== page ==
Judging a film like Harry Potter and the Deathly Hallows: Part 1 by any standard or common sense set of criteria just won’t work: when a story is split into two separate films for no higher purpose than to cynically bilk the movie-going (and dvd-purchasing) public out of their hard-earned cash, it becomes irrelevant how well written or produced it is. This decision is the fundamental, unifying problem that ultimately betrays the film.
In the final installment of J.K. Rowling’s beloved series, the magical world is undergoing the greatest upheaval they could imagine. Dumbledore has died, the Ministry of Magic has been usurped, and Lord Voldemort and his Death Eaters reign supreme. Harry, Ron and Hermione escape certain death to a nomadic lifestyle, one that gives them plenty of time to try to figure out how to destroy Voldemort’s horcruxes.
For many viewers, the simple fact of having access to a screen version of their favourite novels will be enough: there is a certain charm to Rowling’s three lead characters that persists despite the often dull adventures she has inflicted upon in them, particularly in the latter books. For those viewers who queued in 2001 for Harry Potter and the Philosopher’s Stone, Parts 1 & 2 of Deathly Hallows will mean they’ve spent nearly a decade with Radcliffe, Watson and Grint. In many cases, those viewers will have grown up with them as close friends.
This gives Deathly Hallows: Part 1 an advantage that can’t be underestimated. One imagines many fans will love watching this tryptych wander (disapparate, whatever) throughout the cold British Winter, and love the hinted-at chance of a chaste love triangle. The fact that this is a 146-minute epic in which nothing really happens might just elude them, but for others this will be inescapable. 146 minutes of aimless wandering and petty rivalry, wrapped up as something with meaning? Hardly.
When action is unavoidable, director David Yates has all but ensured it doesn’t distract from the wandering by making it essentially unwatchable. The sequence in Bathilda Bagshot’s home is a textbook example of how to make a very, very expensive scene a very, very expensive waste of money. Nagini flying here, walls blasting there, characters thrown this way and that: the failure to allow the audience to appreciate what is actually happening sums up Yates’ approach to the other action sequences. Broomsticks whiz and curses shoot out of wands and usually no-one can tell who is shooting at whom.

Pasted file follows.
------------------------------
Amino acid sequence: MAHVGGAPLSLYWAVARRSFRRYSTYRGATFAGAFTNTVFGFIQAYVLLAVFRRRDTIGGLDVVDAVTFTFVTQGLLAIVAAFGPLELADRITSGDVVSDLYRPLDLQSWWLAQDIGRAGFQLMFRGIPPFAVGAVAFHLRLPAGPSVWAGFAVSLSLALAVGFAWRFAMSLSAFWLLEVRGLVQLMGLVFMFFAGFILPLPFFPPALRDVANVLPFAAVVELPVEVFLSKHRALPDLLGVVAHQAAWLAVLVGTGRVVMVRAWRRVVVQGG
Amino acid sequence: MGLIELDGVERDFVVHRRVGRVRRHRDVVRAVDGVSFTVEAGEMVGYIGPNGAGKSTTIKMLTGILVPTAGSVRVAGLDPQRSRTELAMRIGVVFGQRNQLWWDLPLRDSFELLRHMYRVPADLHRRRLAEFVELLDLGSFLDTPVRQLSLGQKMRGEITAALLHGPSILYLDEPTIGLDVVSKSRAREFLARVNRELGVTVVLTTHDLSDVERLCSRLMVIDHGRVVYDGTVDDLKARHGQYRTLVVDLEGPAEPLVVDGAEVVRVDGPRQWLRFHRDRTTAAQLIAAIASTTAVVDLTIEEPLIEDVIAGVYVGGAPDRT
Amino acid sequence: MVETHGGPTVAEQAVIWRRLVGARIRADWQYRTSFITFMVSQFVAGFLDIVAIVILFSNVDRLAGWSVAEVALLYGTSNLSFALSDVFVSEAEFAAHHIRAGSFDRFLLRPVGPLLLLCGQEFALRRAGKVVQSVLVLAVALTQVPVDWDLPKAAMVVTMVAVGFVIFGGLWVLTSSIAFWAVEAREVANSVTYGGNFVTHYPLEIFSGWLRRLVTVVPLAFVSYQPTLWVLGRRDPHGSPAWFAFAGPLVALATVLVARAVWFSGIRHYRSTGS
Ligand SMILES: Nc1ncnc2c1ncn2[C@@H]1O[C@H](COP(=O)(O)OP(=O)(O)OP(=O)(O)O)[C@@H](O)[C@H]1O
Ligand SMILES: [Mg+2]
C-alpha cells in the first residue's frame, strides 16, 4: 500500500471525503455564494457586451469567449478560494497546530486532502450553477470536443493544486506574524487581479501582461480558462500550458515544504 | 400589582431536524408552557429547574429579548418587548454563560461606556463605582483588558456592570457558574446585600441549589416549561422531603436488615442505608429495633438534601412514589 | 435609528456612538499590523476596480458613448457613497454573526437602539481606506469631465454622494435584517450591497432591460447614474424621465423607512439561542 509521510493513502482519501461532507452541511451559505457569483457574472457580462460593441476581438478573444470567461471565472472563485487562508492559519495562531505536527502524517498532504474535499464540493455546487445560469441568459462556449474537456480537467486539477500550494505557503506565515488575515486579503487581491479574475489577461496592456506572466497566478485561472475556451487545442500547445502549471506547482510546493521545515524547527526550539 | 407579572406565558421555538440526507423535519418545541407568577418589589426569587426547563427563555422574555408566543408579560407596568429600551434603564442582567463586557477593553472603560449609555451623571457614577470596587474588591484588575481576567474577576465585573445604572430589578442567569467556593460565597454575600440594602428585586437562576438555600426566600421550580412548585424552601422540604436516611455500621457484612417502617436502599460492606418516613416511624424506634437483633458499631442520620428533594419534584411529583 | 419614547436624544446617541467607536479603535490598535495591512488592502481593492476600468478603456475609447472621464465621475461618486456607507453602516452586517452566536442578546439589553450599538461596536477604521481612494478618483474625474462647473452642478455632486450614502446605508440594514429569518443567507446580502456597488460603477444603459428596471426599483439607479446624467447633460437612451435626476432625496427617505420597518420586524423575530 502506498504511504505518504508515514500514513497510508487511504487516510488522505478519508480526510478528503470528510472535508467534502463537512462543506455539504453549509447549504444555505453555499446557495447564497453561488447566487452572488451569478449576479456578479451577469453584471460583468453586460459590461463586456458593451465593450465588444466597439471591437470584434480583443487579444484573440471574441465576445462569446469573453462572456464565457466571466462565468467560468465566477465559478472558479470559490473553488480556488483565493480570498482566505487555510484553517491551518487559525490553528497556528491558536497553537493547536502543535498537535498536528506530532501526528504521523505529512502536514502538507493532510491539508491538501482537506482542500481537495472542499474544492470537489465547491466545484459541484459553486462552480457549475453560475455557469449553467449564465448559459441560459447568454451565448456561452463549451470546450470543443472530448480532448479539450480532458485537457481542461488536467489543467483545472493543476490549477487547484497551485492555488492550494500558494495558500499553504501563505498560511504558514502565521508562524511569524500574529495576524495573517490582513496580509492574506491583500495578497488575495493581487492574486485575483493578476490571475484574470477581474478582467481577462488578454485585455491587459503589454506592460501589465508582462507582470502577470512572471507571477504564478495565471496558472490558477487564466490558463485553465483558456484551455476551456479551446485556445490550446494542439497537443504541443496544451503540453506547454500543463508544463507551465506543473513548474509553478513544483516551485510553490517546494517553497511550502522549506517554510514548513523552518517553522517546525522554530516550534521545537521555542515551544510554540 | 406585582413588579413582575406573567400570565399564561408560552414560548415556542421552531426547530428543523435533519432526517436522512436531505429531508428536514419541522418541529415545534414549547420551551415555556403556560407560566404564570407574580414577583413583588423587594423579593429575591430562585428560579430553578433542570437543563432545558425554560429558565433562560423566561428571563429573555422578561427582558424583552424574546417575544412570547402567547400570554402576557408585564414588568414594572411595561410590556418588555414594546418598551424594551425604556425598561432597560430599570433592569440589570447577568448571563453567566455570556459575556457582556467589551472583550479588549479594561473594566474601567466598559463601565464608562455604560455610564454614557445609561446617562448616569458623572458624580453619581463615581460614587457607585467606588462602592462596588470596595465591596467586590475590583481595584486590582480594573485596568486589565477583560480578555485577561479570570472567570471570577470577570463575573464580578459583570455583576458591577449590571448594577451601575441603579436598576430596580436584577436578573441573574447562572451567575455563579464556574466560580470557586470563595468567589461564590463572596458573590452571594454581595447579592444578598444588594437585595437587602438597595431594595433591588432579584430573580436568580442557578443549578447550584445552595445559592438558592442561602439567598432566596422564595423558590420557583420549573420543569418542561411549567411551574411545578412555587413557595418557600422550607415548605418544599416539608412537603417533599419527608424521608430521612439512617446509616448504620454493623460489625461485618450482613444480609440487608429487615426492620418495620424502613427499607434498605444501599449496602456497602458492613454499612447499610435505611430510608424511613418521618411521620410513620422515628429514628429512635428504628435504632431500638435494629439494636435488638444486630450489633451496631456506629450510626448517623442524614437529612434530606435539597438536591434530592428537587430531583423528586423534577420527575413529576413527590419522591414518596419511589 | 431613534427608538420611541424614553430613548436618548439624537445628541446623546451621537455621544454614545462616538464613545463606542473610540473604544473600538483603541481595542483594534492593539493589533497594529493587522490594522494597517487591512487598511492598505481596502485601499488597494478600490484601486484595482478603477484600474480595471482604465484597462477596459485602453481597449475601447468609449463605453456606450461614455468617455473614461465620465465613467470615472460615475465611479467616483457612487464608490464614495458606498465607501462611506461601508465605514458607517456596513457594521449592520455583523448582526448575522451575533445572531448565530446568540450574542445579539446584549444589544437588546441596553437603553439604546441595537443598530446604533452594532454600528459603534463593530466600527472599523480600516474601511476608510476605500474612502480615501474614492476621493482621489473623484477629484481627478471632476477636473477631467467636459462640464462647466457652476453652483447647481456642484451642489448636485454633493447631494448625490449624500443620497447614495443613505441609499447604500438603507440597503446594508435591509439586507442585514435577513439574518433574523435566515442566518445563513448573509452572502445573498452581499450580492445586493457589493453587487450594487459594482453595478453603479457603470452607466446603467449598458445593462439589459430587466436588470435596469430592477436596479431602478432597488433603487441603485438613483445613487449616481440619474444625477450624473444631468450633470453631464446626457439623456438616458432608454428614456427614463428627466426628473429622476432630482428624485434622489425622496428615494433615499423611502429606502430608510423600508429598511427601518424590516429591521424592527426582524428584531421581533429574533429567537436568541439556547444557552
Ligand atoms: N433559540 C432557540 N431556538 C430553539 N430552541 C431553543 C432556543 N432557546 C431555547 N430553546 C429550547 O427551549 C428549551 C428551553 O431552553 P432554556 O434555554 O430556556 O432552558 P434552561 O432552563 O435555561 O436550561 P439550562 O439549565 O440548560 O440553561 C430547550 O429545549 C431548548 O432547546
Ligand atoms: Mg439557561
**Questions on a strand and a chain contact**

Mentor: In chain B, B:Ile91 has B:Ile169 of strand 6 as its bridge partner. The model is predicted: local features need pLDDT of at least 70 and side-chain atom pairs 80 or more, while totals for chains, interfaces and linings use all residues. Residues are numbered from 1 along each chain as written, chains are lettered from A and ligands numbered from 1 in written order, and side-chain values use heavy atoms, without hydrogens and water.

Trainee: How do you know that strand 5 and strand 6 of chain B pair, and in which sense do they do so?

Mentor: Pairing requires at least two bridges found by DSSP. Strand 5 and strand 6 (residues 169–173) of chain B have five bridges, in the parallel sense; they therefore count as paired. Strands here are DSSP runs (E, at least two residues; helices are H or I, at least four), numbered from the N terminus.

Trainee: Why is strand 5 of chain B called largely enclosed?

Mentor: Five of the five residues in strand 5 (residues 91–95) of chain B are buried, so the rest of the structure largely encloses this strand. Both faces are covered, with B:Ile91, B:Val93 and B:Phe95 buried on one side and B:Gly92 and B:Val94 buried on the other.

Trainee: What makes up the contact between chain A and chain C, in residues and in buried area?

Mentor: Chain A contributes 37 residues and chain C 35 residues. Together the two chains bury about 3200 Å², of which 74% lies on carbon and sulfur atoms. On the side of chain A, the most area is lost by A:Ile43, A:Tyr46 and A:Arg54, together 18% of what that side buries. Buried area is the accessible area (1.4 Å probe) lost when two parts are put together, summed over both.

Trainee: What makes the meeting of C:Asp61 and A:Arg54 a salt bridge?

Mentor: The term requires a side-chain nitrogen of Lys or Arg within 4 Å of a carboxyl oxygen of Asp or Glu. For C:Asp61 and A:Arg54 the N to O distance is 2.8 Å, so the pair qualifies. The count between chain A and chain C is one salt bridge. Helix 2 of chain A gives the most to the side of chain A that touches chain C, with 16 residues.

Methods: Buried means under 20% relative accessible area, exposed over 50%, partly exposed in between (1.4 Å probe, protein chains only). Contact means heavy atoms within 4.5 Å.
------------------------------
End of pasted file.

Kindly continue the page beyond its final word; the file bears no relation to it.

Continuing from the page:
There are aspects that succeed, including Watson’s performance as Hermione which stands out among her colleagues’s turns. The production design is wonderful, and the CGI character animation – particularly of the house elves – shows just how many years have passed since the rather laughable attempts in the earlier films.
Perhaps the greatest casualty of the decision to split this film in half is the loss of meaning. Two and a half hours of wandering is intended to inform us that lives are at stake, and the deaths of certain major characters punctuate the time but mean little. How can the death of Hedwig barely be worth a second thought? Would Harry be so unmoved by the loss of his longest and most loyal companion, a bird he has owned since the moment of his wizarding awakening? Human characters meet their end with almost no note made of their contribution or passing. Perhaps time can be allowed for grief after the war ends in Part 2, but this leaves Part 1 – perhaps unintentionally – cold.
Revisiting this film after the release of its successor might allow viewers to see it with a kinder eye, but as a film that stands in its own right, Harry Potter and the Deathly Hallows: Part 1 is nothing more than grossly disappointing.Rating: